“The beauty of SafeScript is it gives a real-time notification on the screen which then indicates to the practitioner whether they should go look [at the patient record] or not.”
He recommends that pharmacists comply with mandatory use of the system.
“The legislation prescribes significant penalties” if not complied with, he says.
‘Hoping to have as many jurisdictions as possible’
Shortly after mandatory use of SafeScript commences, the system is set to be integrated into the national data exchange by mid-2020, says Mr Freemantle.
Queensland’s QScript is also lined up to be adopted into the national system at the same time.
Fred IT Group is engaged with “pretty much every jurisdiction”, says Mr Freemantle.
“We’re hoping to have as many jurisdictions as possible [integrated into the national system] by the end of the year,” he adds.
However NSW pharmacists have expressed frustration at the lack of a similar system being introduced in their own state.
Pharmacy Guild NSW President David Heffernan has been in constant talks with the state government over real time monitoring.
“The PSA and the Guild have been meeting face to face with the government, heavily advocating for its implementation,” he tells AJP.
“The RACGP would like to have the SafeScript system implemented in NSW as soon as possible, and the Pharmacy Guild would like it 100%.”
Mr Heffernan describes the reason for the delayed uptake as one mainly of bureaucracy.
“Victoria has done the heavy lifting with regards to its development, I don’t believe NSW should try to recreate the wheel. I think they should look at policy borrowing from our neighbours, to look and learn from their experience,” says Mr Heffernan.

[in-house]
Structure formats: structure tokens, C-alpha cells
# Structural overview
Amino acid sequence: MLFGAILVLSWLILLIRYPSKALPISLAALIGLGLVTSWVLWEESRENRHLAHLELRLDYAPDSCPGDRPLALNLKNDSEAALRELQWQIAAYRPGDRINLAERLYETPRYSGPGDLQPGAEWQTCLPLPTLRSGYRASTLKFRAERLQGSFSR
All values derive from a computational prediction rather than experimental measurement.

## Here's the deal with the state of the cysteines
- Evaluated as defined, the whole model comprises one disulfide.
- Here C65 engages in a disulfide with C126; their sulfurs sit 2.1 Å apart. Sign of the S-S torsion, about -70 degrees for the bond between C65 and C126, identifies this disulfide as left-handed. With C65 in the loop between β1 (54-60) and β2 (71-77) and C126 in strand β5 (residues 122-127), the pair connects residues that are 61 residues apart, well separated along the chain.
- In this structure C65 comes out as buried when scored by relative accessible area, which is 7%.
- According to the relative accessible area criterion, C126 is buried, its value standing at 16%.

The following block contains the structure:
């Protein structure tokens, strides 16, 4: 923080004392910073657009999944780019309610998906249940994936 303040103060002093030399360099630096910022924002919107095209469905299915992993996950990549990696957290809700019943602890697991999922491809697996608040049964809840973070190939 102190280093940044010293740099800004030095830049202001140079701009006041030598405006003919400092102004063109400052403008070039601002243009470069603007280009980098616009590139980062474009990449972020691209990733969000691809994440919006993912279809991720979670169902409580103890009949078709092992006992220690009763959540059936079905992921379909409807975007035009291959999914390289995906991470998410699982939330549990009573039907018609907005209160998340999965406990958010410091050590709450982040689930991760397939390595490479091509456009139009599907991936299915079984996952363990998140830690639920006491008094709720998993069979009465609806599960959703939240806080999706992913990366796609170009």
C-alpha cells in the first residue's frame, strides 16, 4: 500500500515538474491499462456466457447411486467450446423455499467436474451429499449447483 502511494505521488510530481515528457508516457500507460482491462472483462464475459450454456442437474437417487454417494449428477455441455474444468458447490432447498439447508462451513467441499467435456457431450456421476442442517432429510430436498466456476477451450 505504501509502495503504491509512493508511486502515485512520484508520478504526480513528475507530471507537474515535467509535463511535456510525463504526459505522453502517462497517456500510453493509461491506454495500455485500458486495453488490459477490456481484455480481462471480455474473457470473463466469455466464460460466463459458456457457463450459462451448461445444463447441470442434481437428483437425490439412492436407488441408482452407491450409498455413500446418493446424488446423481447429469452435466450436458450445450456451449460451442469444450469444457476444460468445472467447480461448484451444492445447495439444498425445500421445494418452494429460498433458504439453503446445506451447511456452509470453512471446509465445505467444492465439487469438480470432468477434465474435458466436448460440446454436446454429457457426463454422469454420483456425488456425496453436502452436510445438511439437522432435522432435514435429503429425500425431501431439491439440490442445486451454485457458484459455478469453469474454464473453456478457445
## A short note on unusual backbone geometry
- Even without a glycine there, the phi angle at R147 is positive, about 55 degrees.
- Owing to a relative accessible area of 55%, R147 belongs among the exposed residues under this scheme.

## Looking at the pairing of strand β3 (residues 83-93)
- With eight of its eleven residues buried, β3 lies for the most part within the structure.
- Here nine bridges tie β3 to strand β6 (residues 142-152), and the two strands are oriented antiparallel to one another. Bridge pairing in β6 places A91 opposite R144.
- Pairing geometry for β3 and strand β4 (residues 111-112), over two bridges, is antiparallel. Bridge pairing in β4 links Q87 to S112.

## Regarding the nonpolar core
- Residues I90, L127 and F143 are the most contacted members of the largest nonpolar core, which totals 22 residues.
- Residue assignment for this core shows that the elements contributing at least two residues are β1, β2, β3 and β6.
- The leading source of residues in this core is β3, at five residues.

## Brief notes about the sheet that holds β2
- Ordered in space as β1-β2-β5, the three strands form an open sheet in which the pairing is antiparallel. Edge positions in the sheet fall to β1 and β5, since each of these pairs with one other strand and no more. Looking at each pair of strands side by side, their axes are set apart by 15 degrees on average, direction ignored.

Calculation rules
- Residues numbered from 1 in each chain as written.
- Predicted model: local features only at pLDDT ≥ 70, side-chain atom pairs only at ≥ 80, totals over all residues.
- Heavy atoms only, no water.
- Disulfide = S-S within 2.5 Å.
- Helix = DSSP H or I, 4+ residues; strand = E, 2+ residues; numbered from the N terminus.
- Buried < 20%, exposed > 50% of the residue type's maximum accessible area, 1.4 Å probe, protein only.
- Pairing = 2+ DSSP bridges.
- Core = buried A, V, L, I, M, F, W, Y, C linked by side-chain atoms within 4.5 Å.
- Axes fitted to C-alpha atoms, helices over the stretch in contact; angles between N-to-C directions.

“We know it’ll save lives, and we really look forward to its implementation.”
PSA NSW President Professor Peter Carroll also emphasises his support for the introduction of a real time monitoring system in NSW.
“At present it is possible for people to doctor shop, get prescriptions for opioids and other drugs of misuse and go to numerous pharmacies and there is little chance of this being detected,” says Professor Carroll.
“We see real time monitoring as a public health initiative which will help pharmacists and GPs identify those that may be misusing opioid and other products, with the view to getting them the appropriate help and counselling.
“Pharmacists can’t identify these people, doctors can’t identify them, and without this system it will just continue. We believe the sooner it’s introduced into NSW, the better. And its introduction will be a really positive move.”
A pharmacist’s experience
Leading Victorian pharmacist Carlene McMaugh says her workplace activated SafeScript as soon as it became available to opt in.
“It became a standard piece of our workflow – it’s actually very easy to use,” she tells AJP.
“So long as you spend the few moments needed to look at a profile when you receive a red or orange warning, then it adds a lot of context to your work too,” says Ms McMaugh.
“The main thing it provides is confidence that you are making a decision with much more information available than you previously had, which then empowers you to have discussions with people that are actually helpful.
“You aren’t trying to find out background histories as often because you’ve already got access to it – you can focus on really useful counselling and advice.”